Fishers library opens new pedestrian plaza


Hamilton East Public Library’s Fishers Library celebrated the completion of its pedestrian plaza with a ribbon cutting May 22 that included the unveiling of new public art.

HEPL and the Fishers Arts and Culture Commission collaborated to bring the artwork, called “Knowledge,” to the renovated pedestrian plaza, located in Fishers’ downtown Nickel Plate District.

According to an announcement from the city, ”Knowledge,” by Rude Calderón and Roberto Delgado, is a carved native stone and onyx sculpture at the entrance to the Nickel Plate Trail from the library campus, two stone benches in the center of the pedestrian plaza on the south side of the building and 90 ceramic tiles set into the concrete on the south side of the building from the Nickel Plate Trail to Municipal Drive.

The ceramic tiles feature historic images from Fishers, Hamilton County and Indiana.

FACC contributed $100,000 toward the artwork, the announcement stated. HEPL contributed $25,000 through the Miesse Fund, established in honor of the library’s first librarian, Lulu Miesse.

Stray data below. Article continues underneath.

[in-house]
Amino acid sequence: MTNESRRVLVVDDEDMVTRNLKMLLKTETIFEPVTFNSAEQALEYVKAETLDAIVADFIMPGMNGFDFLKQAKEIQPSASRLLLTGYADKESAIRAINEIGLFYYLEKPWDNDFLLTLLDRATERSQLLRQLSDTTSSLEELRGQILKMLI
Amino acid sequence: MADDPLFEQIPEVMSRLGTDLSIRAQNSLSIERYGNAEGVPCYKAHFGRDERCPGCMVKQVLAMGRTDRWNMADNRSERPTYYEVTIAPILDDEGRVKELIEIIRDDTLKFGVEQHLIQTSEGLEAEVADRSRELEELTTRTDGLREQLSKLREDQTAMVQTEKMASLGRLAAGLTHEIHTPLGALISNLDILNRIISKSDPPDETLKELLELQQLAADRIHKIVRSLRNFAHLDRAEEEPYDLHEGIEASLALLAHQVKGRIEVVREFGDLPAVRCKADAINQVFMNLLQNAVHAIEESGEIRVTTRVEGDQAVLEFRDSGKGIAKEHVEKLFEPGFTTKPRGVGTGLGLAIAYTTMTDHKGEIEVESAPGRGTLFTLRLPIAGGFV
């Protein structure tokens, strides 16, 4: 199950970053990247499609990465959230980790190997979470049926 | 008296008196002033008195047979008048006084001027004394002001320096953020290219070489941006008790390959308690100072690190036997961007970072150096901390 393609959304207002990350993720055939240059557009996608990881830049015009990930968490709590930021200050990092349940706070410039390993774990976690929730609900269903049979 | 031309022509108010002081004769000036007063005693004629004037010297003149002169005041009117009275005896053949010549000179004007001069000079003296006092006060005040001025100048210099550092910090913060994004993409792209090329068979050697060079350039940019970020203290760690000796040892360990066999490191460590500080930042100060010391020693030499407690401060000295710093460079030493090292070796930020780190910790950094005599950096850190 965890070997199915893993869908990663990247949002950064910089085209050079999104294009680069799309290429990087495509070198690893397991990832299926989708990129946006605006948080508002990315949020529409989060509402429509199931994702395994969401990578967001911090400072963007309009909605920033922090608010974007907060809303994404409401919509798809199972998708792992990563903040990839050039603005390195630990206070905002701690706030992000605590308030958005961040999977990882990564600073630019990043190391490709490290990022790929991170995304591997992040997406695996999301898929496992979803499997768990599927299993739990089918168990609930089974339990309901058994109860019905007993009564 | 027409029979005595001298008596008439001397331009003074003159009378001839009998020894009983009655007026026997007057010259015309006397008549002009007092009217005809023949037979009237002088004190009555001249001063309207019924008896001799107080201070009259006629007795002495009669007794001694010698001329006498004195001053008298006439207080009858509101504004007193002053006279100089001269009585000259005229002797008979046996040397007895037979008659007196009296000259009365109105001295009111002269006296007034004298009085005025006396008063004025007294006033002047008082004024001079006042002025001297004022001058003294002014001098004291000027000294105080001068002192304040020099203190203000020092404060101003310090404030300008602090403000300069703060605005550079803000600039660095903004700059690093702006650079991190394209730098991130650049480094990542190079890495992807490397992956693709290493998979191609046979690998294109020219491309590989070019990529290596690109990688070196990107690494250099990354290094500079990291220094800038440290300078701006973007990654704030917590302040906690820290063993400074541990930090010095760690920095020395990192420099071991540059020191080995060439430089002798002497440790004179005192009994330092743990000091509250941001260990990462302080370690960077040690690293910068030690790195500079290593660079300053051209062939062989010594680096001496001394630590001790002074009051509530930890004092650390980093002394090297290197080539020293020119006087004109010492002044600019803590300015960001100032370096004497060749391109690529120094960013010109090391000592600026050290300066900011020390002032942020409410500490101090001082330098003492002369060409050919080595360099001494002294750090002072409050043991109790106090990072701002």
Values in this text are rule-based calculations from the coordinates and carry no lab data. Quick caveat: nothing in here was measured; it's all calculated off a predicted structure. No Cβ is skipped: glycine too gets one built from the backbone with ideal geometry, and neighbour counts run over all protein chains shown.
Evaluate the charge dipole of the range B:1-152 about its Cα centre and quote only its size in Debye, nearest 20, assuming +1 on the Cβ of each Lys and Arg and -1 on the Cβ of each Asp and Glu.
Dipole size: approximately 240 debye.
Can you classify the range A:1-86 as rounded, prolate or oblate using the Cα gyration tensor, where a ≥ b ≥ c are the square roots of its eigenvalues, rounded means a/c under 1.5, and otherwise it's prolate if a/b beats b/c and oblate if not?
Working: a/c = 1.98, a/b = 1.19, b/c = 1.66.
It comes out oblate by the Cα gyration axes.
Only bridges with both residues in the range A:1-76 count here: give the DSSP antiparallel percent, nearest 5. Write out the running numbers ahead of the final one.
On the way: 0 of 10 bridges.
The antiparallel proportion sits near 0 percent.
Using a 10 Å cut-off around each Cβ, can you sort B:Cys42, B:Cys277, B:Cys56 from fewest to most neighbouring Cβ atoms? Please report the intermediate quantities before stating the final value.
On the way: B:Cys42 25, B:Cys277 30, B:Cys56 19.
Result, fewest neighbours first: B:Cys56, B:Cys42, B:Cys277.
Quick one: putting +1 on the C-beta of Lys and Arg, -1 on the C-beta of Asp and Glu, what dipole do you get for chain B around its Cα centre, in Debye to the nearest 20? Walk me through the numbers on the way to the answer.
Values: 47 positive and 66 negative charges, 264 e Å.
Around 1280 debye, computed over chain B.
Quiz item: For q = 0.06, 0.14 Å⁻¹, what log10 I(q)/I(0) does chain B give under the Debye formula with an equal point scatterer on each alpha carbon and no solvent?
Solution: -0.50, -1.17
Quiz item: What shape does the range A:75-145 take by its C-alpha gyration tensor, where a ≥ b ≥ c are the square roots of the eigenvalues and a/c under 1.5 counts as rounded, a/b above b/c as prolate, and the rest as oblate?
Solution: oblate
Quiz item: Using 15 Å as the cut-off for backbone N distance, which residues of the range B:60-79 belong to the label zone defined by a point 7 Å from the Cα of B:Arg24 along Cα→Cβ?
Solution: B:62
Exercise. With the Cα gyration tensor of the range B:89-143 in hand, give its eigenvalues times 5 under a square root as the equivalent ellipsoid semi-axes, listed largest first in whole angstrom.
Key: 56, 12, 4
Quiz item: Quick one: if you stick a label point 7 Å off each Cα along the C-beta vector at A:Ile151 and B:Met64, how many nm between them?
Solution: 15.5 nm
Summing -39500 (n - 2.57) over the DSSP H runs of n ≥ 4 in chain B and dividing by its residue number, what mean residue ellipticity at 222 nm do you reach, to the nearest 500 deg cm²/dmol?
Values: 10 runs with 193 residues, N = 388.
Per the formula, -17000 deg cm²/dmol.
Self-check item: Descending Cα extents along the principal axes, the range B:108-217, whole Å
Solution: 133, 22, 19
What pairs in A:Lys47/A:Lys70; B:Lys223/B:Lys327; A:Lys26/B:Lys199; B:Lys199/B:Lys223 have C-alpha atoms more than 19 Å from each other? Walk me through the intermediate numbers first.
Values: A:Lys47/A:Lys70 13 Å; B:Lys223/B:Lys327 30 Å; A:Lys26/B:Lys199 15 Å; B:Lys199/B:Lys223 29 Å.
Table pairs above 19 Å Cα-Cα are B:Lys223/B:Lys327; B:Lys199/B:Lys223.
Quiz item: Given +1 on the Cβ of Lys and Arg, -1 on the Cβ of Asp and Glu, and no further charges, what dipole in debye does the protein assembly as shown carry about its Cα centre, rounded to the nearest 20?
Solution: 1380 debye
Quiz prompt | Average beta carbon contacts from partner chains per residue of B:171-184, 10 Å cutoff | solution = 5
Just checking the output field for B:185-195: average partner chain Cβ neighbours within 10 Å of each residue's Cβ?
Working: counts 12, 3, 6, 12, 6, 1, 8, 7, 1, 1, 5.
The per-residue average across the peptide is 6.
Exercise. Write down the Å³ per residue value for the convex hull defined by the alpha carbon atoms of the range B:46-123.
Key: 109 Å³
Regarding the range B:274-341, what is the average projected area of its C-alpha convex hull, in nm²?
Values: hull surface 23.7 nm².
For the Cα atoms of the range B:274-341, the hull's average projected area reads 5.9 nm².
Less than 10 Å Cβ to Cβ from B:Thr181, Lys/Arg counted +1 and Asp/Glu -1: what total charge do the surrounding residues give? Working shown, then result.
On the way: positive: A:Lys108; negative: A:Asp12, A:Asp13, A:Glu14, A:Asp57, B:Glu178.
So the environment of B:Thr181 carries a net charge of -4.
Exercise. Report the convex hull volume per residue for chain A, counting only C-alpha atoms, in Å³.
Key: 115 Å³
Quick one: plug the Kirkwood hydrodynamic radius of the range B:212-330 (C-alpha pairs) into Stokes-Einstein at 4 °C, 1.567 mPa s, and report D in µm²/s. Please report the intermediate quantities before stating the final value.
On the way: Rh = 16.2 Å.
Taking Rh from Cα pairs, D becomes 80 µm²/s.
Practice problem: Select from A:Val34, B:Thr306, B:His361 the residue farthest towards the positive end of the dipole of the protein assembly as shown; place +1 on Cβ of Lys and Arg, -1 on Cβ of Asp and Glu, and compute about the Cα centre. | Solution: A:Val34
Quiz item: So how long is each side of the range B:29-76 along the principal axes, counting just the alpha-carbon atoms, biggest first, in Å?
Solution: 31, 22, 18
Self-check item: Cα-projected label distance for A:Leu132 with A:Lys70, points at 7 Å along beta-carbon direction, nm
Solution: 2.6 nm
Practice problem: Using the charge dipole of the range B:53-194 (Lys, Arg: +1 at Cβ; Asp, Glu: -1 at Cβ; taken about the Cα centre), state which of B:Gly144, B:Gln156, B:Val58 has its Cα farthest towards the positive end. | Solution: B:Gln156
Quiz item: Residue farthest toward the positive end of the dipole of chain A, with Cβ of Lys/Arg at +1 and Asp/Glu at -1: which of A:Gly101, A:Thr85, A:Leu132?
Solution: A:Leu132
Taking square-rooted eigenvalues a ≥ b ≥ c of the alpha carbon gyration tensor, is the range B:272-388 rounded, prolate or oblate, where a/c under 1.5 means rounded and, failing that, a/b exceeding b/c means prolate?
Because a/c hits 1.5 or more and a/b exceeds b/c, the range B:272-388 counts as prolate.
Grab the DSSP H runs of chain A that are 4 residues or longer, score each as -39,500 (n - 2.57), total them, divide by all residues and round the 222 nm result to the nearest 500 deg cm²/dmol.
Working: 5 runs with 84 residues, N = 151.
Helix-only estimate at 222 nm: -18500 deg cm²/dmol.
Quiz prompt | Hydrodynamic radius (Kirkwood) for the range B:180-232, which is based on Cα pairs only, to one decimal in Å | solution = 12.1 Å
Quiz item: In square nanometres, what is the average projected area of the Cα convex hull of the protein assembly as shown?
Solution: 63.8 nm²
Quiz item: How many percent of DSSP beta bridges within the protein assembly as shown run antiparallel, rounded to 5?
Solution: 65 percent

“The Fishers Arts and Culture Commission is excited about our longstanding partnership with the Hamilton East Public Library to present a new art installation to the Fishers community,” FACC chair Jocelyn Vare stated. “Public art enhances community life, especially here in the Nickel Plate District, our designated statewide culture district.”

Calderón and Delgado were selected as the artist team in 2021. Calderón, who made the sculpture and benches, was born in San Jose, Costa Rica, and lives in California. Stone sculpture is at the center of Calderón’s art, according to the announcement.

CIF COM FishersLibaryArt 060424 2
One of 90 ceramic tiles embedded in the concrete of the Fishers Library’s renovated pedestrian plaza. The tiles are part of the plaza’s public art project called “Knowledge.”

Roberto Delgado, who made the ceramic tiles, is known for his public art murals. He lives and works in Los Angeles and Mexico and has created murals across the United States and Mexico.

The artwork can be seen at the library’s outdoor pedestrian plaza, 5 Municipal Dr.